We signed up a for a tour in Cuba – something we have never done before. A tour was what brought us to Maria la Gorda. Part of it was because Cuba made us nervous, we did not have a tour book, there would be little or no internet once there to help with planning, and online information was sparse. But, the main thing that concerned us was access to money.  We were in Cuba for 12 days.  During that time we would have no access to US issued credit cards or US issued ATMs.  We had to bring enough US dollars to cover our expenses, and carry that amount of money with us.  If something happened to our stash we would be SOL.    We thought that by booking a tour, we would at least be able to arrange 7 nights of accommodations, transportation, and some meals ahead of time.  We accomplished this task by booking a trip through Intrepid, one of the leading budget, adventure tour companies.  I chose the tour I did because it took us from Havana to Vinales, to the beach, and then back to Havana, giving us a decent tour of the west part of Cuba, without too many days of pure travel.  And, that was how we found ourselves in Maria la Gorda, Cuba. The Promises of Maria la Gorda The tour itinerary described Maria la Gorda as “[r]enowned for its diving, idyllic beaches, untouched nature, and laidback vibe, Maria la Gorda is the perfect spot to wile away some time under the Cuban sun.”  It was also described by Intrepid as...
Visiting The Valley of Vinales Cuba

Visiting The Valley of Vinales Cuba

Vinales Cuba, a few hours west of Havana, is a former agricultural center cum tourist town – with buses arriving throughout the day to drop tourists looking for an “authentic” Cuban countryside experience. Vinales Cuba – the Tourist Town The main industry in Vinales, aside from agriculture, is tourism, which was apparent when pulling into town and being dropped at the “bus station” – a stop across from the main square where dozens of women with signs and pictures offered rooms for rent.  Tour guides also hung around the main square offering walks, driving tours, taxis, and horseback riding. It really seemed to be the only thing going on in town. The town was also surrounded by some fairly touristy sights, including a cave in which you can walk and then take a Pirates of the Caribbean style boat ride, a giant painted mural on the side of a cliff, a farm in which you can see tobacco grown and cigars rolled, and taste locally grown coffee.   The influence that tourism has taken on the town was crystal clear.  There were plenty of tourist driven restaurants, which were a little more expensive than Havana and of varying quality.  The only “local” eats available were some pizza stands, or places selling cheap ham sandwiches.  At night, a churro stand on the main street always had a long line – with churros selling for both a local price and a tourist price.   The ValleyThere was only one main road in town, so it was hard to get lost.  The one story houses were painted bright shades of pastel colors...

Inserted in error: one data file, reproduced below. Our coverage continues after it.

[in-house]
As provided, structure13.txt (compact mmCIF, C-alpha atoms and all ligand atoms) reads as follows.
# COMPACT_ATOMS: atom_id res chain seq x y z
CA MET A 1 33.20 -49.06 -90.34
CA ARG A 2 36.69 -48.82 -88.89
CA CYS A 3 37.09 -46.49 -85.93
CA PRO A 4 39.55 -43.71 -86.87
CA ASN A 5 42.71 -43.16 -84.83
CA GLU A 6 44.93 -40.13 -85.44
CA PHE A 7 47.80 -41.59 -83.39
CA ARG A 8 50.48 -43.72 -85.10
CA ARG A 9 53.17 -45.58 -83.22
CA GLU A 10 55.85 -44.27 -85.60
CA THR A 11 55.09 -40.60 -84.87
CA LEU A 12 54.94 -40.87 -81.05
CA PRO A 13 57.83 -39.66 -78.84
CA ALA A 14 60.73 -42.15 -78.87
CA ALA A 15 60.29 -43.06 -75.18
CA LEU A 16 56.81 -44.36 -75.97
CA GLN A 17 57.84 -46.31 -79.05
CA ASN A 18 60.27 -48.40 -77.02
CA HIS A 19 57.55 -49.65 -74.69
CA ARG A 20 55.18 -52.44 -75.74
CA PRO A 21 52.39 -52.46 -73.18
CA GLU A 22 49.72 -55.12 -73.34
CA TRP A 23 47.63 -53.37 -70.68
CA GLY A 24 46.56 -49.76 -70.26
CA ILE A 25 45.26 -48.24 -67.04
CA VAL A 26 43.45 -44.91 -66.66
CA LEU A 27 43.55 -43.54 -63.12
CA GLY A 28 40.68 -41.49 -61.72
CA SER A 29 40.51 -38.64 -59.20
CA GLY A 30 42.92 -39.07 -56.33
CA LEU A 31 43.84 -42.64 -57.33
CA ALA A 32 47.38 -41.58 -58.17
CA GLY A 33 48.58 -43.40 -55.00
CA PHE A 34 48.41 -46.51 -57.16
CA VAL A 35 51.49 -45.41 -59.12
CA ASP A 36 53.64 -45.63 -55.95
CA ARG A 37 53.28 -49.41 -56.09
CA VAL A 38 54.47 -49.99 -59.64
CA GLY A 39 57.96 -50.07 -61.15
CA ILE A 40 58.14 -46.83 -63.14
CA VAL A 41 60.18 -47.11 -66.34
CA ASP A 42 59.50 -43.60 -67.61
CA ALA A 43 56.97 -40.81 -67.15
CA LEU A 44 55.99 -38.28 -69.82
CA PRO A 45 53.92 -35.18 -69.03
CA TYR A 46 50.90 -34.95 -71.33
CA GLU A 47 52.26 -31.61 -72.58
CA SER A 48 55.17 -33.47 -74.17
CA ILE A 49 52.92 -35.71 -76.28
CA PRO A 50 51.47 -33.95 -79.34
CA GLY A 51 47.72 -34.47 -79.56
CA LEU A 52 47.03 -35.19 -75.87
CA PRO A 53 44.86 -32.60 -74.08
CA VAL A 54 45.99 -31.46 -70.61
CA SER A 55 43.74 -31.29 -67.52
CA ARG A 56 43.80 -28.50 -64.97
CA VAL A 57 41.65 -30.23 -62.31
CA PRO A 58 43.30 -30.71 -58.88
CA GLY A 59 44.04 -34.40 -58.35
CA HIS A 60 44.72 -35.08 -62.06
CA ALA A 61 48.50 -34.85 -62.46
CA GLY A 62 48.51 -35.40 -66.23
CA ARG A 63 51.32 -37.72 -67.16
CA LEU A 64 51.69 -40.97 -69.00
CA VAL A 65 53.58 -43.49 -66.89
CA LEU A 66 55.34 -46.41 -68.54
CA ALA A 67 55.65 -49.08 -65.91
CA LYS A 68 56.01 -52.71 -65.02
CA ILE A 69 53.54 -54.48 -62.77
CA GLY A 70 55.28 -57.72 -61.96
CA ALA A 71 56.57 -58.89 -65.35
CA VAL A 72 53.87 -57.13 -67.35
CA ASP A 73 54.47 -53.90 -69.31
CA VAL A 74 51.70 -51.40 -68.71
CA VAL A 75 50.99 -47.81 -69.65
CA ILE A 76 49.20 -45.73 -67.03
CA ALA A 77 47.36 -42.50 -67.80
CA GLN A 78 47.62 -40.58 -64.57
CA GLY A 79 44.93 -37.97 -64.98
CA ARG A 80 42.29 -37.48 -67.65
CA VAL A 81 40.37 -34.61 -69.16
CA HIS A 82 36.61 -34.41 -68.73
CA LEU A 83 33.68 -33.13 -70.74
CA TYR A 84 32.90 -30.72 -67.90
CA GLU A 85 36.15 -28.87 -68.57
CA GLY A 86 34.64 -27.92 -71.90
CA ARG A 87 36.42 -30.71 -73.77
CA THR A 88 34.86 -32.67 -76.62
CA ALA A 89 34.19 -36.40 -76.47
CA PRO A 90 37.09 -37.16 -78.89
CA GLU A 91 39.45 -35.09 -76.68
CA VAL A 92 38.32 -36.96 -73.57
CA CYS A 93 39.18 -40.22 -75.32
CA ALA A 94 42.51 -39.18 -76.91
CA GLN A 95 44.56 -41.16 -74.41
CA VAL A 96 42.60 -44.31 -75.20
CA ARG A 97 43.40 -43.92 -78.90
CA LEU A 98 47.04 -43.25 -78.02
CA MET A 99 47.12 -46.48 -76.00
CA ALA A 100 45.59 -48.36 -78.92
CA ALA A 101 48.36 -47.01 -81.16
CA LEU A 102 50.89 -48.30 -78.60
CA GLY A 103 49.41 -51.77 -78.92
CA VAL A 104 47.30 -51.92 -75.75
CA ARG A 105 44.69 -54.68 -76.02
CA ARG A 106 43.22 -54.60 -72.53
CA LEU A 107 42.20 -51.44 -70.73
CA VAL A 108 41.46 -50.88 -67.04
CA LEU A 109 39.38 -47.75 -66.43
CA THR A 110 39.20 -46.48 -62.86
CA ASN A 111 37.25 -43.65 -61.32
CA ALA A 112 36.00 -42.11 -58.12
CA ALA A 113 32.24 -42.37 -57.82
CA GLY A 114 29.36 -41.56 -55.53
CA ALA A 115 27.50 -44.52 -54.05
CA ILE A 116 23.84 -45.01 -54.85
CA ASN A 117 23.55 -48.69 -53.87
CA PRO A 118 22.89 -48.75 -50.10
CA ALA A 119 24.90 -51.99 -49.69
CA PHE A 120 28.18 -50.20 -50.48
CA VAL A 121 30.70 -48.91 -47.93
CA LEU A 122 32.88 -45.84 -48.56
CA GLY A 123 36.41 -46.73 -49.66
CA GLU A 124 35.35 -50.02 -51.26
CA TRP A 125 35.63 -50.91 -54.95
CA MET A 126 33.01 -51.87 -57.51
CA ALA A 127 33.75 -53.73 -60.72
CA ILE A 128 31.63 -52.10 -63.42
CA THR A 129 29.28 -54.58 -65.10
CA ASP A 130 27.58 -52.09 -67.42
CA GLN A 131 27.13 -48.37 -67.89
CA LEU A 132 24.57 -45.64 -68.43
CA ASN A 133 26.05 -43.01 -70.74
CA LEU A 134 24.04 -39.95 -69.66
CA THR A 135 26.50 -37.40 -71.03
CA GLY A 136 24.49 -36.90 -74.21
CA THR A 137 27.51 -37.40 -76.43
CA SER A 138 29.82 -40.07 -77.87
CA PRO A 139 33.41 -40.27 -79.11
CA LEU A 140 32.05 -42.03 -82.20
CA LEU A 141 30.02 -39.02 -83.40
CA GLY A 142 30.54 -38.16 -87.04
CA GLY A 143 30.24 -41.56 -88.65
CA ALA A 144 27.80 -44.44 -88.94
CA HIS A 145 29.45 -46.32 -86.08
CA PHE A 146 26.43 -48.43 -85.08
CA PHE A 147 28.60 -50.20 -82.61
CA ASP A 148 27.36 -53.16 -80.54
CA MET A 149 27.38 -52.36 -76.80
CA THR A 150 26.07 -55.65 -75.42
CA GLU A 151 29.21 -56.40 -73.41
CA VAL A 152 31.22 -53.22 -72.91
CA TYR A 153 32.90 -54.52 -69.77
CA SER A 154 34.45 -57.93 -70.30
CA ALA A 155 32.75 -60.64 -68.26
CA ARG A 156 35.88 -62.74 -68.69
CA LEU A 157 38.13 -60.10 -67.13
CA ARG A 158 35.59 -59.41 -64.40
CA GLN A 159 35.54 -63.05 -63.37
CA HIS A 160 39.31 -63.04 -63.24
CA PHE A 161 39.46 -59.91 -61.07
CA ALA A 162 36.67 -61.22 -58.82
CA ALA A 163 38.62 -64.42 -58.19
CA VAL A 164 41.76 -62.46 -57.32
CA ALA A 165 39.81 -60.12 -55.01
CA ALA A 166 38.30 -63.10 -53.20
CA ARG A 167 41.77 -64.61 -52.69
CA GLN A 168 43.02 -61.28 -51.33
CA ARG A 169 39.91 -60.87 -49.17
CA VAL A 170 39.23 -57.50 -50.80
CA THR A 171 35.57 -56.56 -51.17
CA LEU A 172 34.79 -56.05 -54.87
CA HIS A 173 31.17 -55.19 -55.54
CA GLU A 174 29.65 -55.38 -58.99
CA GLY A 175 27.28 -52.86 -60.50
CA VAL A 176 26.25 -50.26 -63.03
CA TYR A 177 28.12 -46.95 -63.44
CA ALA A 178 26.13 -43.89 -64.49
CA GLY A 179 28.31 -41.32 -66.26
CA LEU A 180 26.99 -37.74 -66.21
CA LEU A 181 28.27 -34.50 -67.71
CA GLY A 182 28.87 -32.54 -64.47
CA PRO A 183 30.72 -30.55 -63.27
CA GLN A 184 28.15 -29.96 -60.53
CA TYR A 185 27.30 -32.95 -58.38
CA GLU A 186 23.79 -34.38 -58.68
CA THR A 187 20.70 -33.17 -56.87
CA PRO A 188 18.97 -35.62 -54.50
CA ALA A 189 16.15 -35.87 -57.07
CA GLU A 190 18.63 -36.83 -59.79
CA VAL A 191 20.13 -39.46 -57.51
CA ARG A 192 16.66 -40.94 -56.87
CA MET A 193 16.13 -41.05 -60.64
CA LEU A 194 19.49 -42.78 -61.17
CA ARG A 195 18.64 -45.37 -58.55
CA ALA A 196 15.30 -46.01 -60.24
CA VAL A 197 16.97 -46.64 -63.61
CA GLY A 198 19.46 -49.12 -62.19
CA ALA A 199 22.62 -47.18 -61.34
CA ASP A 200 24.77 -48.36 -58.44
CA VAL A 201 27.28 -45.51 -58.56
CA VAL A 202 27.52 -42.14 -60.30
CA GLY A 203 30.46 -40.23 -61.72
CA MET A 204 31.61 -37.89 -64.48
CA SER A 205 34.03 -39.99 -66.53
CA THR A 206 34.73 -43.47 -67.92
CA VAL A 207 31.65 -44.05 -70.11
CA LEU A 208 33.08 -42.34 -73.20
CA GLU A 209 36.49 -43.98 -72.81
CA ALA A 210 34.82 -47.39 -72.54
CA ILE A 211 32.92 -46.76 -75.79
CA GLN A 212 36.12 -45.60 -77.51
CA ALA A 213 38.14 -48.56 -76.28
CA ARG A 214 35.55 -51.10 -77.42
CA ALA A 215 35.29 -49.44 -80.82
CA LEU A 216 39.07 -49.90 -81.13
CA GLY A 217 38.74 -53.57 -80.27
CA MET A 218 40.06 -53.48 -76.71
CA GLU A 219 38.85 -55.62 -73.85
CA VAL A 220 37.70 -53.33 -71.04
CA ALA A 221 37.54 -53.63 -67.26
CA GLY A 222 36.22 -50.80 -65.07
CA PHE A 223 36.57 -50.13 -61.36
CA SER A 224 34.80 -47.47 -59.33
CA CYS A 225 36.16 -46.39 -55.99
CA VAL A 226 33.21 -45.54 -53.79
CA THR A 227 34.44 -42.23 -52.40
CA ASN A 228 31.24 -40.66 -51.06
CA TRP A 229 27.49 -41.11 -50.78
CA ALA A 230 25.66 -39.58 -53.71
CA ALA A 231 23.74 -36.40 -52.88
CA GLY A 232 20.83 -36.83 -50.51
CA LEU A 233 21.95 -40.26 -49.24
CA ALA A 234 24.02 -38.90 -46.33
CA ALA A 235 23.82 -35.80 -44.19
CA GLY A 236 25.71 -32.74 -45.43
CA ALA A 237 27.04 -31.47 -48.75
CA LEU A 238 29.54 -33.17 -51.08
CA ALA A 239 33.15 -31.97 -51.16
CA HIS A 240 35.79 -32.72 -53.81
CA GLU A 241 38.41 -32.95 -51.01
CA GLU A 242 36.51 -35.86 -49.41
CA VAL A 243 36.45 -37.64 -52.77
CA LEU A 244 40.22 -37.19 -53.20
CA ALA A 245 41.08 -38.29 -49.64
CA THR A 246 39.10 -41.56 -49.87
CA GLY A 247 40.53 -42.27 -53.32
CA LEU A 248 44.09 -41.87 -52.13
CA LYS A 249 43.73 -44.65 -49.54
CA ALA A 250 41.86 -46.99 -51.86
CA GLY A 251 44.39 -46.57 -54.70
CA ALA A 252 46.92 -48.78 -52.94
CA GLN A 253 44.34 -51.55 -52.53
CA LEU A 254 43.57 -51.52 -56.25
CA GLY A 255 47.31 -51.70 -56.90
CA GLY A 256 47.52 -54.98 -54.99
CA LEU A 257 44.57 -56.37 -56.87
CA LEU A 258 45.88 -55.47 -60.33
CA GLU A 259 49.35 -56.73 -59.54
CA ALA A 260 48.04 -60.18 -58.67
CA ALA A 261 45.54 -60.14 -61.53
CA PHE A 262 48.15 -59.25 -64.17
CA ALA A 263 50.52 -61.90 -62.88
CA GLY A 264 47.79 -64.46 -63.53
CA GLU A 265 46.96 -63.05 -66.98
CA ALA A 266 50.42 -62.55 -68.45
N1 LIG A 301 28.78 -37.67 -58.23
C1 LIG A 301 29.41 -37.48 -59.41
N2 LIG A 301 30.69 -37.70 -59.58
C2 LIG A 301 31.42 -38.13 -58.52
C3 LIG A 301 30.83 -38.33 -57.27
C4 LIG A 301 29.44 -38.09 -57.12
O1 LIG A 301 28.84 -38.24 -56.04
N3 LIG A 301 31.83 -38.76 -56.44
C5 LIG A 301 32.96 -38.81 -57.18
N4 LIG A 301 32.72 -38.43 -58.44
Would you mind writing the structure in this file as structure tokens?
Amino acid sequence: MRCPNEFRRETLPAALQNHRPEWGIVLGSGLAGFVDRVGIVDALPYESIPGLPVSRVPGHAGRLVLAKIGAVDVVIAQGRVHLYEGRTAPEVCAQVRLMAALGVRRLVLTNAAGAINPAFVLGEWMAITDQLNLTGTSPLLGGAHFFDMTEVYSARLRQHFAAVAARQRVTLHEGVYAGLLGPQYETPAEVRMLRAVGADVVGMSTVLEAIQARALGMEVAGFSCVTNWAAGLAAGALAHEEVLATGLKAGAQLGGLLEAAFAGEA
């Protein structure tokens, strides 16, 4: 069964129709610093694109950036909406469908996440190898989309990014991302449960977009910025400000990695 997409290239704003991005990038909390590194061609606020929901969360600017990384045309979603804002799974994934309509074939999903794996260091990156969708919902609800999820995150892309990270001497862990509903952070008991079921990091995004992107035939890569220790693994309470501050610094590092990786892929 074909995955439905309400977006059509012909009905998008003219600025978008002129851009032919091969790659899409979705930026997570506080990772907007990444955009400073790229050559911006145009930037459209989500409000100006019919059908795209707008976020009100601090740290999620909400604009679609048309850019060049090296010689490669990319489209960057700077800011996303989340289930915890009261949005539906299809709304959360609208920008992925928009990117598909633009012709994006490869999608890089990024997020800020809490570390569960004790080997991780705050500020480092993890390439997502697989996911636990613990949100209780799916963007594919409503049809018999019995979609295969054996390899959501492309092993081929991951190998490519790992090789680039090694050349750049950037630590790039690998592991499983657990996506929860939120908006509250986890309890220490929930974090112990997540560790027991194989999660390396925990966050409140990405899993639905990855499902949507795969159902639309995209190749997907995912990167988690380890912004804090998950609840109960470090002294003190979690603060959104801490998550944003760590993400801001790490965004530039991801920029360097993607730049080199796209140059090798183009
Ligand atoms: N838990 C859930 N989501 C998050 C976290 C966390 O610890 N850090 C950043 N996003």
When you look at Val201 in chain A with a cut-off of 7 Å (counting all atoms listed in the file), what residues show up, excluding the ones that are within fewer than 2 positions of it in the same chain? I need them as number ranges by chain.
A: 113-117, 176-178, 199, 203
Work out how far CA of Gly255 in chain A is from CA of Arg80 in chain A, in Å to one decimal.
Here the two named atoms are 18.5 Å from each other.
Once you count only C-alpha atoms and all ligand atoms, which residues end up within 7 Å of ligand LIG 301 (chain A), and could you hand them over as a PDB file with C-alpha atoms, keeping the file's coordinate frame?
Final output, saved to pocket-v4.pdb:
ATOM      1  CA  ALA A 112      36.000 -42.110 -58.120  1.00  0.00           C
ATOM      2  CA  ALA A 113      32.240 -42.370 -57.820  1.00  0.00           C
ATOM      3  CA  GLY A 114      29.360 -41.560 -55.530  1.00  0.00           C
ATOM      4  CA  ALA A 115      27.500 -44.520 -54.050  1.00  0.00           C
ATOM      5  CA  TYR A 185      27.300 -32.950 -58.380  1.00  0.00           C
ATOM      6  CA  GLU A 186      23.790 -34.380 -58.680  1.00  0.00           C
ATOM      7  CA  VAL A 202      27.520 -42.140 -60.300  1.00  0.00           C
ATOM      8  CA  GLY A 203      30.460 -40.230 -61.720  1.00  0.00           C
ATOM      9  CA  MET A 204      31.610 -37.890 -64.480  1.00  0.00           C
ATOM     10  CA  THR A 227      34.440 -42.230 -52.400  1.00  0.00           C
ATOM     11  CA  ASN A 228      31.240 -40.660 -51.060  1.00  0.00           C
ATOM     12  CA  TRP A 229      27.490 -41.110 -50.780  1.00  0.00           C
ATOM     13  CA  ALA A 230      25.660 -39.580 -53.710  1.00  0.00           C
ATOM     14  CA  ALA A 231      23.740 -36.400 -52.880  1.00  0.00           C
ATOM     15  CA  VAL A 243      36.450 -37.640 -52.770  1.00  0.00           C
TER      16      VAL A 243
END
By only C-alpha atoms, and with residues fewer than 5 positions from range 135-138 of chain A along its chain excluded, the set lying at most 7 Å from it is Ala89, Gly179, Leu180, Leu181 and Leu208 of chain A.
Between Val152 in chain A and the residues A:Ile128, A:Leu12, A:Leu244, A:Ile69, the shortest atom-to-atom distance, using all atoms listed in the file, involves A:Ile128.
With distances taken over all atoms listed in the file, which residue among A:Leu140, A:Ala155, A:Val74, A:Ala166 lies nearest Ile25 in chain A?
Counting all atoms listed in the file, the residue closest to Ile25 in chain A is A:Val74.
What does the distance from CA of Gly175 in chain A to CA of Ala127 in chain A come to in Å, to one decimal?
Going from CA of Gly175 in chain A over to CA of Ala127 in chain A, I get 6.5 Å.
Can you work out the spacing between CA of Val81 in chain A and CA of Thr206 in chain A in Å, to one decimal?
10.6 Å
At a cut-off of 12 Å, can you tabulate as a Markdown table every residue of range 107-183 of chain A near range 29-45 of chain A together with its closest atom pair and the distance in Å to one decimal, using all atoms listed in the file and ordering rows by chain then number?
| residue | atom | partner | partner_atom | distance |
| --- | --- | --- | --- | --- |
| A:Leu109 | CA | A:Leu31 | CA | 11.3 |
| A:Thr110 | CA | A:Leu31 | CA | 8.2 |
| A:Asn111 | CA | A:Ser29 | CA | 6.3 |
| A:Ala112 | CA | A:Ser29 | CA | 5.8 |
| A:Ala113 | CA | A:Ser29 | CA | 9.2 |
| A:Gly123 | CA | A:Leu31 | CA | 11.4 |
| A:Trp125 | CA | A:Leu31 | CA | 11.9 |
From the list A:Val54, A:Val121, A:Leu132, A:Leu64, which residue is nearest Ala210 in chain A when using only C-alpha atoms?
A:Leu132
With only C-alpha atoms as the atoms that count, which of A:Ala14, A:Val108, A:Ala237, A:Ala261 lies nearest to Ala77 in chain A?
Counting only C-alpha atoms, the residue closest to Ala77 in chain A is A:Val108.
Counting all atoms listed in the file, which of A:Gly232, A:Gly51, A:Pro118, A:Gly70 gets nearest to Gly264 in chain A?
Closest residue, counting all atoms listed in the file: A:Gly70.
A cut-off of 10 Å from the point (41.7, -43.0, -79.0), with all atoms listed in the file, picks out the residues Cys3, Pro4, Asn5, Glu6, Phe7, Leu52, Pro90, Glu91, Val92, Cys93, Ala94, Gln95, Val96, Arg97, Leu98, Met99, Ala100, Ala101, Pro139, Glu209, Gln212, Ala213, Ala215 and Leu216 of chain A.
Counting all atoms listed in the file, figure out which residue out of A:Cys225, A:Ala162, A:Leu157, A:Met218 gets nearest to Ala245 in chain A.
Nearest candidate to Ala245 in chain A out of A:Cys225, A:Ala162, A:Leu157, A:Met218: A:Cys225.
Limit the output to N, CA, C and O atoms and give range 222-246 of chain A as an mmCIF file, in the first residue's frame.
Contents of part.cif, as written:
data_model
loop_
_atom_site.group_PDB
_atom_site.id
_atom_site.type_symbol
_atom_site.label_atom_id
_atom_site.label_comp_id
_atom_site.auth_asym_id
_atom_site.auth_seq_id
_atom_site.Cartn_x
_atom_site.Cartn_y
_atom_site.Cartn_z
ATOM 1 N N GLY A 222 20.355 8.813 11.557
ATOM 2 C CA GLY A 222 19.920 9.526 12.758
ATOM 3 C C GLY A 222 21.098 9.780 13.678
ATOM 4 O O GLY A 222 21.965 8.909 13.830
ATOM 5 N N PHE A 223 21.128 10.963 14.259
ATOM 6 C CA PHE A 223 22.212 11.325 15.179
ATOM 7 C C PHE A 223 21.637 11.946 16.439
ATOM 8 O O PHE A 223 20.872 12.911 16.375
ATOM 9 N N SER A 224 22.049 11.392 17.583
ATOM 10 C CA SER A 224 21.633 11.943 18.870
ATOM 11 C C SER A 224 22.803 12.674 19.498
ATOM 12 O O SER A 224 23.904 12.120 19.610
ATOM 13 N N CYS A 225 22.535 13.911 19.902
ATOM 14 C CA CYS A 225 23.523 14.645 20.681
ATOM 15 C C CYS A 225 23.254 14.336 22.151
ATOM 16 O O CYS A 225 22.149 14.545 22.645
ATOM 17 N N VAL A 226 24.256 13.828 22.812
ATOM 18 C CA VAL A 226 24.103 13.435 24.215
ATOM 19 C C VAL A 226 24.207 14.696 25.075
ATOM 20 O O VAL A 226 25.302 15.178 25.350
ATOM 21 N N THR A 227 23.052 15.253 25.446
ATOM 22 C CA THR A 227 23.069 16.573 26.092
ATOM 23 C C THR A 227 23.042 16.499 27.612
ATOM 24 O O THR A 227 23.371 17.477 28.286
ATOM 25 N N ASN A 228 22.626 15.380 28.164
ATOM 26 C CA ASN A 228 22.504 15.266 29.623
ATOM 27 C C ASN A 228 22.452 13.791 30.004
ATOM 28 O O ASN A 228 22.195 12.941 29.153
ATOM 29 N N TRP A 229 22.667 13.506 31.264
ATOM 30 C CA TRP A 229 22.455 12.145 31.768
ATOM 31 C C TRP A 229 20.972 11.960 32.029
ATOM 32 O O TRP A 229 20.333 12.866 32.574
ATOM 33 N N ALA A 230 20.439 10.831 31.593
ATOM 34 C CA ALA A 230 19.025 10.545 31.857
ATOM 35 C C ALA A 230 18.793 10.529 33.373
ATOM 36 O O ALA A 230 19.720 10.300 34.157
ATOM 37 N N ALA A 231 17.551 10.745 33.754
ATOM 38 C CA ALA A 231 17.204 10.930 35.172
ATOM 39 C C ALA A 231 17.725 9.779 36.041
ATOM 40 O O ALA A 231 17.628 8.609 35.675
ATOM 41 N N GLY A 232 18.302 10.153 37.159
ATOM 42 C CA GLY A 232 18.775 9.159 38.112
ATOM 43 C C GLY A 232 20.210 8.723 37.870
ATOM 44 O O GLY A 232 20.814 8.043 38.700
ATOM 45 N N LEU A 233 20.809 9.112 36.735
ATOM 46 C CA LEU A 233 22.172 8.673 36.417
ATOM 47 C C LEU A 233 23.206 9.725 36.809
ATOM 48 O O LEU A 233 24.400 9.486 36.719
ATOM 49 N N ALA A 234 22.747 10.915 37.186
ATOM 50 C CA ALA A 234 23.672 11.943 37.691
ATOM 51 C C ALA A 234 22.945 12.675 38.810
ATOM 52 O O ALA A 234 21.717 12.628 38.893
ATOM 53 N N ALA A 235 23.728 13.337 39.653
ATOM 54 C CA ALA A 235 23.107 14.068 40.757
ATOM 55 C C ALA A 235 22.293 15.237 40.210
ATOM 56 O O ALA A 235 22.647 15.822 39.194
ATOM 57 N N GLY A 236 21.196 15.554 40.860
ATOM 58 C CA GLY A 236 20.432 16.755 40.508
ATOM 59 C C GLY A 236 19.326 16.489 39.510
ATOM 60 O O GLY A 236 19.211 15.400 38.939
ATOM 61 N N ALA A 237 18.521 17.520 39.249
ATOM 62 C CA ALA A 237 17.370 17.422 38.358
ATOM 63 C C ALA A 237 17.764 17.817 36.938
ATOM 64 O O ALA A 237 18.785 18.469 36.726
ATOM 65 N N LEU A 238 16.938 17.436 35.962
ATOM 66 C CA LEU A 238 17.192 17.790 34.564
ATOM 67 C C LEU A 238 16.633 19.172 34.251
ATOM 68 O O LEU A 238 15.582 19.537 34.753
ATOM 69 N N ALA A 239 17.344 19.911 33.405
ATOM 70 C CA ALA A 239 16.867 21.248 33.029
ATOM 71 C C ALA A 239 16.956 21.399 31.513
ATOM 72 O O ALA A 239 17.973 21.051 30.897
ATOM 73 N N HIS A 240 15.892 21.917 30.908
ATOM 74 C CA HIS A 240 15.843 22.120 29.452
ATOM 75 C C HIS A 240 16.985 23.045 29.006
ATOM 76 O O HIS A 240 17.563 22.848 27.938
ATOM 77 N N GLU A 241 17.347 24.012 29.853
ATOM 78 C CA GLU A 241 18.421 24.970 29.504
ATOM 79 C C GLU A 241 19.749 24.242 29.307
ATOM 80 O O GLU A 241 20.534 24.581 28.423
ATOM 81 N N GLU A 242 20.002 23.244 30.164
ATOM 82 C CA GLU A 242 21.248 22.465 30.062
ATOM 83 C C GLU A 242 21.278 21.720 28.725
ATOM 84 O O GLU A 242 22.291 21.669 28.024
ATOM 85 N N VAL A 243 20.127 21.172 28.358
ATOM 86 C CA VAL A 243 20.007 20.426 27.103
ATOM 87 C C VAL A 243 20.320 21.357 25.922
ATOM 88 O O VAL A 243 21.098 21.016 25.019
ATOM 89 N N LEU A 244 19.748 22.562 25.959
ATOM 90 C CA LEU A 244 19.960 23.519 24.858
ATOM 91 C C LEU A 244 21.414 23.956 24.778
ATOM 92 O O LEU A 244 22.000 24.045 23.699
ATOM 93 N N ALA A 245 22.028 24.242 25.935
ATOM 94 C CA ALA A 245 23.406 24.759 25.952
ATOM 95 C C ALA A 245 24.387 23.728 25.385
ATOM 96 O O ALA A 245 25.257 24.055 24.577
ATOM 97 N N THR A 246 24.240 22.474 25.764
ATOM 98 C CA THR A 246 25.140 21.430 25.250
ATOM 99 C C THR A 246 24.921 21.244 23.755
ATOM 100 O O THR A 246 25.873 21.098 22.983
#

Post-Apocalyptic Miami: Architecture in Havana Cuba

Post-Apocalyptic Miami: Architecture in Havana Cuba